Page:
So you need to make sure that you're backing up your Outlook data. But first, you have to find that data.
You can do so in the Account Settings dialog box. To open it in Outlook 2007, select Tools, Account Settings. For version 2010, click the File tab, and then select the Info option in the left pane, followed by Account Settings, and Account Settings again. (Yes, I know that's redundant.)
Once youre in the dialog box, click the Data Files tab. Select your data file (probably Outlook.pst), and then click the Open Folder button (version 2007) or the Open File Location button (2010). Windows Explorer will open to your Outlook data folder.
With Outlook closed and the folder open, copy the contents of the folder to a safe location, such as an external hard drive. Better yet, make sure that your regular backup routine includes this folder.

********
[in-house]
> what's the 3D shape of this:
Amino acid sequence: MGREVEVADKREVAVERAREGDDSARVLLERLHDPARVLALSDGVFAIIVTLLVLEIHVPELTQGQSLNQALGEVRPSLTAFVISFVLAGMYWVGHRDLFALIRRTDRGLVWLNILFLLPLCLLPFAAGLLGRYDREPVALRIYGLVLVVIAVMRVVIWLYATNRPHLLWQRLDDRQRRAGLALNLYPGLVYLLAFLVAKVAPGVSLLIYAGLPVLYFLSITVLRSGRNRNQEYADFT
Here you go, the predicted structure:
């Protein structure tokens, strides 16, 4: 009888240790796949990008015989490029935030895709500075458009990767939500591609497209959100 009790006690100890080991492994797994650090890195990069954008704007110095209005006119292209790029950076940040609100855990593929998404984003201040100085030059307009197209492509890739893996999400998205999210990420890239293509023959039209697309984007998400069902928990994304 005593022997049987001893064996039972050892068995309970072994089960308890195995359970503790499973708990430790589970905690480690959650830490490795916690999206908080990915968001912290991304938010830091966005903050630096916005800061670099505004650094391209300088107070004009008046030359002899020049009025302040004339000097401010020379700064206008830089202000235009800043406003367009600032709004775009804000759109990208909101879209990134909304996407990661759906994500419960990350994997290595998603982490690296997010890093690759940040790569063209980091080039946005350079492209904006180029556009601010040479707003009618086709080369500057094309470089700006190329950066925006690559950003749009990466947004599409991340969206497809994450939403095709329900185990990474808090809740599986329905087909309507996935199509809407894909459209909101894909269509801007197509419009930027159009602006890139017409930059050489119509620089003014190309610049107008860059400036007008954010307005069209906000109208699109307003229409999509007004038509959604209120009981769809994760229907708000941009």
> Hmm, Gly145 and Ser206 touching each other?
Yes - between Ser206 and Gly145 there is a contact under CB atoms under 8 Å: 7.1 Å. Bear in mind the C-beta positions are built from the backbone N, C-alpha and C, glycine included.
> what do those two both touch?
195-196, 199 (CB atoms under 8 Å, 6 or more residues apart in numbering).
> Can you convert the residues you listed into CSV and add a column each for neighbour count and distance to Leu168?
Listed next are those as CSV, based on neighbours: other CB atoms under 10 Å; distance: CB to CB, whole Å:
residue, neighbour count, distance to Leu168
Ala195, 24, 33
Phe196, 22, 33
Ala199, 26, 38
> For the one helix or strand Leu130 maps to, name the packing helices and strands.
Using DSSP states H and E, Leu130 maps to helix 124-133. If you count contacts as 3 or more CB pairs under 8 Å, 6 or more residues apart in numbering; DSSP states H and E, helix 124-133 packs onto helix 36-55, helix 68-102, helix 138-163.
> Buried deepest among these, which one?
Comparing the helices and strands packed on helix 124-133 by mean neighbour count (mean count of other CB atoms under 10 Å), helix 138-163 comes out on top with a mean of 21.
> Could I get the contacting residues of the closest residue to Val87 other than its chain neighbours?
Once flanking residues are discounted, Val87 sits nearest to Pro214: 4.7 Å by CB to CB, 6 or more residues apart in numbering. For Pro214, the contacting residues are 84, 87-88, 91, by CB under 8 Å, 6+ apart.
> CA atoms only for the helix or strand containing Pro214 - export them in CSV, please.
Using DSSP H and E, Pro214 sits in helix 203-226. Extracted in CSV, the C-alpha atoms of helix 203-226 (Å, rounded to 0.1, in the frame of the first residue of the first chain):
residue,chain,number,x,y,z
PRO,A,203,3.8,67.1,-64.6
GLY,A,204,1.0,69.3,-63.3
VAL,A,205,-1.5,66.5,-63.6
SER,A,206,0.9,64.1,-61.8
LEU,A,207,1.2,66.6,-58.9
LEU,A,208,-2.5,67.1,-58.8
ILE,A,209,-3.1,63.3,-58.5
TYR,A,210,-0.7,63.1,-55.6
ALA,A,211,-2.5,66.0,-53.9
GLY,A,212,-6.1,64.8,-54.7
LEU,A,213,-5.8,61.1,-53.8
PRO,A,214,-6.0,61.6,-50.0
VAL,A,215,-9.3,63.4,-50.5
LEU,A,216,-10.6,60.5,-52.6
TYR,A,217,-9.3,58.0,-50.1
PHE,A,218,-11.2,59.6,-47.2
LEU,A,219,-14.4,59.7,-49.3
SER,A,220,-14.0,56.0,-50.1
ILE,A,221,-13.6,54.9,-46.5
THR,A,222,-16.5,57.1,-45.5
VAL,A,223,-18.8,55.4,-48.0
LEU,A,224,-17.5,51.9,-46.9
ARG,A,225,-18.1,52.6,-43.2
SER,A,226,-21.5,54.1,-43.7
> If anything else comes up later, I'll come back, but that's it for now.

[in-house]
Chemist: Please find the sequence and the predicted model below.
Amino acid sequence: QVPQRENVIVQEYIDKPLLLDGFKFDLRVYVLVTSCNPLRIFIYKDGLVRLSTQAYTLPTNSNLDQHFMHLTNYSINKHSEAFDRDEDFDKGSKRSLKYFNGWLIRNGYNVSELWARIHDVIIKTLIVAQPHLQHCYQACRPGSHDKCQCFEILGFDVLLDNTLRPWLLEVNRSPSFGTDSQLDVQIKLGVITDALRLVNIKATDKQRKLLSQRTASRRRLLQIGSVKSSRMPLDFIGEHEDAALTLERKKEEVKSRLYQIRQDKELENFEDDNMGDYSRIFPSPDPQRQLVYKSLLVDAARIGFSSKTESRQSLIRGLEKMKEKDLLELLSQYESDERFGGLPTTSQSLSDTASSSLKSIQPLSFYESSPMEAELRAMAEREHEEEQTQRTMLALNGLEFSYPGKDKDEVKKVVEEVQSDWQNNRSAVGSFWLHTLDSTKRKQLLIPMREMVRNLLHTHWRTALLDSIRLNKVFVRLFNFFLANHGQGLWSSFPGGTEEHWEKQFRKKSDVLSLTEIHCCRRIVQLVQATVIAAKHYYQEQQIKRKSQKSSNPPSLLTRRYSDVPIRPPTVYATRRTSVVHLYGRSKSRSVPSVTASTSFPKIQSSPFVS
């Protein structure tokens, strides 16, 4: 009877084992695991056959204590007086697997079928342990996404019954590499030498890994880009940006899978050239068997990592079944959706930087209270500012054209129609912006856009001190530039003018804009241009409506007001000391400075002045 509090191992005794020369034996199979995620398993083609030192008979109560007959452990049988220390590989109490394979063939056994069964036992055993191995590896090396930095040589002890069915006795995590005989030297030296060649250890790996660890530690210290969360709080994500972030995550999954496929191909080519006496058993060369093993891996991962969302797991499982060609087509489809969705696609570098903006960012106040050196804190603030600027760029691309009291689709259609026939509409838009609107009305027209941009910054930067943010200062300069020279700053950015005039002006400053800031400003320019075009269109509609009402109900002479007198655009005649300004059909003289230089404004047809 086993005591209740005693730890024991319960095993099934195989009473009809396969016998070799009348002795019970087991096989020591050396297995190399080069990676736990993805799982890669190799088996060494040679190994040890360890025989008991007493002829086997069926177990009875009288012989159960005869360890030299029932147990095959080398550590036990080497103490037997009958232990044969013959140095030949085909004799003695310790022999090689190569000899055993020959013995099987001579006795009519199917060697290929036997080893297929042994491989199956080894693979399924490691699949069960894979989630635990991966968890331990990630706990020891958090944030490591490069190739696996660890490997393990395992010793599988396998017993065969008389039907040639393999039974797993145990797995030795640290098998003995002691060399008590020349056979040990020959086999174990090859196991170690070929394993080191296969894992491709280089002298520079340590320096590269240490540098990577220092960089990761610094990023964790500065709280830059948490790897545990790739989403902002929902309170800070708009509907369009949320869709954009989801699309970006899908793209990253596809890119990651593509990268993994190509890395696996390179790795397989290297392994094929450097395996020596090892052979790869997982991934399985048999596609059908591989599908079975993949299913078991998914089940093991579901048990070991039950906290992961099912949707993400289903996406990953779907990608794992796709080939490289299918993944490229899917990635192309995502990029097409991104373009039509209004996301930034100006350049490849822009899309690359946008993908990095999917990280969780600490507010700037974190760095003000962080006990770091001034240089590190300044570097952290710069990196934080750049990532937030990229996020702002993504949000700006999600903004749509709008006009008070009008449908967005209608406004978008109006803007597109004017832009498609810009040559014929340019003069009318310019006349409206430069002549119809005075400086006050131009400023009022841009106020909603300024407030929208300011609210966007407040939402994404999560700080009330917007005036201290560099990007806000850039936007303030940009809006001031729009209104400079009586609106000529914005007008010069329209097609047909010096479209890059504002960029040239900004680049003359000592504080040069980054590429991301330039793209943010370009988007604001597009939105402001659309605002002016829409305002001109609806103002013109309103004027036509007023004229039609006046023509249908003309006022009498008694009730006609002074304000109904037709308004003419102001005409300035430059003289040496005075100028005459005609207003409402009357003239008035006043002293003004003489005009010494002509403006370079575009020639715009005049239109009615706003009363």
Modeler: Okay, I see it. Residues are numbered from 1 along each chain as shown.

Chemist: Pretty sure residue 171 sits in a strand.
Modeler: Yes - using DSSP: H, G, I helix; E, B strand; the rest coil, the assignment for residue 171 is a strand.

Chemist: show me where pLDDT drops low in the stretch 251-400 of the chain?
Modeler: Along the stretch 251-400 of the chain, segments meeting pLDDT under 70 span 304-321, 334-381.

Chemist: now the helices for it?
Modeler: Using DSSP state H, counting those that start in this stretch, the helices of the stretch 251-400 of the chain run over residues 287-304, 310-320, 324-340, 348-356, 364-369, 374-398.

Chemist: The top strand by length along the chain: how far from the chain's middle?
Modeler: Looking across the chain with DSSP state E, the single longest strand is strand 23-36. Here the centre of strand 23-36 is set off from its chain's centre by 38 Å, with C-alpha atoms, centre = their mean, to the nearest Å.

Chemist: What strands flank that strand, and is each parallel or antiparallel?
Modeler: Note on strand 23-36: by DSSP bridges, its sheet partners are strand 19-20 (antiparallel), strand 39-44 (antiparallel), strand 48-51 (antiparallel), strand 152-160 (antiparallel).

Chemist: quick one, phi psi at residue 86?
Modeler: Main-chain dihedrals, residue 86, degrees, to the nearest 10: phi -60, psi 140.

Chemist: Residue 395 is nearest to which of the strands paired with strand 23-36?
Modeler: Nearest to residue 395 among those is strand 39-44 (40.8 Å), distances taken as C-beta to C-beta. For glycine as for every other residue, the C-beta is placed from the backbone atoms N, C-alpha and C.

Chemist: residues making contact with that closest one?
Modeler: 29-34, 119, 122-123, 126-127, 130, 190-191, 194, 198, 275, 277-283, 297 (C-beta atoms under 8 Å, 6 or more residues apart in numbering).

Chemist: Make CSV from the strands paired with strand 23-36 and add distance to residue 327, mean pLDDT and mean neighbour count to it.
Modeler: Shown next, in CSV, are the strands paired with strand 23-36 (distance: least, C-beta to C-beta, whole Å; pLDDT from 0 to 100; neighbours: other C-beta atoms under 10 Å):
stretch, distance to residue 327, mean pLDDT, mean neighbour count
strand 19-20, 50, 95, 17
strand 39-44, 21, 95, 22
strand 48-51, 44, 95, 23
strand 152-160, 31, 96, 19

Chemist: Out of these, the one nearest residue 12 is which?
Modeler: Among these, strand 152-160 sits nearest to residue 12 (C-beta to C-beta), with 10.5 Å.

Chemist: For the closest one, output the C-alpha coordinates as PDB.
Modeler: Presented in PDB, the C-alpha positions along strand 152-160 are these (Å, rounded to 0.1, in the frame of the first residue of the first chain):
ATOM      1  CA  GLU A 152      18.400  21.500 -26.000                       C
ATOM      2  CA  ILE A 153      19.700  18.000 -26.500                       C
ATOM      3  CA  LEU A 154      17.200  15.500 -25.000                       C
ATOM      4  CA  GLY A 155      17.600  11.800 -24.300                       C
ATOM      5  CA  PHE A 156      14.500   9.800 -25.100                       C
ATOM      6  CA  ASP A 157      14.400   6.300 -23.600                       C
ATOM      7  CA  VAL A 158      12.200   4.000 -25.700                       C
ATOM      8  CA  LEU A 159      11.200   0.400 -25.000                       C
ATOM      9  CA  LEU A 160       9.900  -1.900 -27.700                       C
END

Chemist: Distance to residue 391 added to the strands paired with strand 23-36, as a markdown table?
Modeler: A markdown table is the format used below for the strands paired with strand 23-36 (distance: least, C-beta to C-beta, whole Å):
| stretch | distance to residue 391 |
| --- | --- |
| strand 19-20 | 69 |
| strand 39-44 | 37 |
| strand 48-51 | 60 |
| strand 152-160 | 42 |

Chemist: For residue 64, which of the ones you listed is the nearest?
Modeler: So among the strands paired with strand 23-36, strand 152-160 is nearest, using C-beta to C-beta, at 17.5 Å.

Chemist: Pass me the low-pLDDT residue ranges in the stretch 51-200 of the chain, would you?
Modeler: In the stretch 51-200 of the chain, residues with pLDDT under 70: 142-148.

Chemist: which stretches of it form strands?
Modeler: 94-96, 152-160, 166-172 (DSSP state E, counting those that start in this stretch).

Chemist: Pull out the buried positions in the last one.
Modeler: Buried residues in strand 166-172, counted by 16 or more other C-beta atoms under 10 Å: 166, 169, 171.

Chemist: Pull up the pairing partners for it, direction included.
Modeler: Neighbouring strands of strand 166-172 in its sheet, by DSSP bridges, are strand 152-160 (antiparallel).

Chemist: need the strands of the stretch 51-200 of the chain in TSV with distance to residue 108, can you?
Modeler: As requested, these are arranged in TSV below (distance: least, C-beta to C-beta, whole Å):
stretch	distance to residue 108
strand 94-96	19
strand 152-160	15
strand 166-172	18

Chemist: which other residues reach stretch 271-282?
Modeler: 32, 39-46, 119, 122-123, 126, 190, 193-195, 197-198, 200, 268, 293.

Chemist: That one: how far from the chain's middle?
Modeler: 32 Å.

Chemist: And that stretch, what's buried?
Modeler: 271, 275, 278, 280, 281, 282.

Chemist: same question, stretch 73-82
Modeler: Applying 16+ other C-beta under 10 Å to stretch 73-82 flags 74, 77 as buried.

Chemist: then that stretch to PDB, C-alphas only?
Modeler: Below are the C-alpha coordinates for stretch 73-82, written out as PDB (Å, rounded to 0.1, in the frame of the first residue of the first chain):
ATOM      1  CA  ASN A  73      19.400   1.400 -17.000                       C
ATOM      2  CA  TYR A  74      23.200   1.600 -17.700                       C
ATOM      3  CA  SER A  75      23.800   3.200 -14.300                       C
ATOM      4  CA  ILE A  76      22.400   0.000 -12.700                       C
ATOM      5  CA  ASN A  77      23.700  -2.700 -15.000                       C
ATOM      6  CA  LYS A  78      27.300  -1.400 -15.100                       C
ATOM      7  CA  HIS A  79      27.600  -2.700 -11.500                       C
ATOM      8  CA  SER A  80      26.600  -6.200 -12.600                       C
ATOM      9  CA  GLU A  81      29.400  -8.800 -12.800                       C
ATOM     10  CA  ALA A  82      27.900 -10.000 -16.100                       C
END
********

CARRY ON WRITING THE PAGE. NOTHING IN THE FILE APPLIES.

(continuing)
When the nightmare hits and you've lost your data, here's how to restore it:
1. Reinstall Outlook and go through the setup wizard. This will create a new but empty data file.
2. Once Outlook is up and running, launch the Import and Export Wizard. In Outlook 2007, select File, Import and Export. In Outlook 2010, click the File tab and then the Open option on the left, and choose Import.
3. In the wizard, select Import from another program or file and click Next.
4. For the file type, for Outlook 2007, select Personal Folder File (.pst). For 2010, choose Outlook Data File (.pst).
5. On the wizards next page, click the Browse button and find the backed-up Outlook folder. Select the appropriate file (probably Outlook or Outlook.pst).
6. As you go through the rest of the wizard, select Personal Folders, make sure Include subfolders is checked, and click Finish to start importing your backed-up data.

Your Outlook data set is too big and cumbersome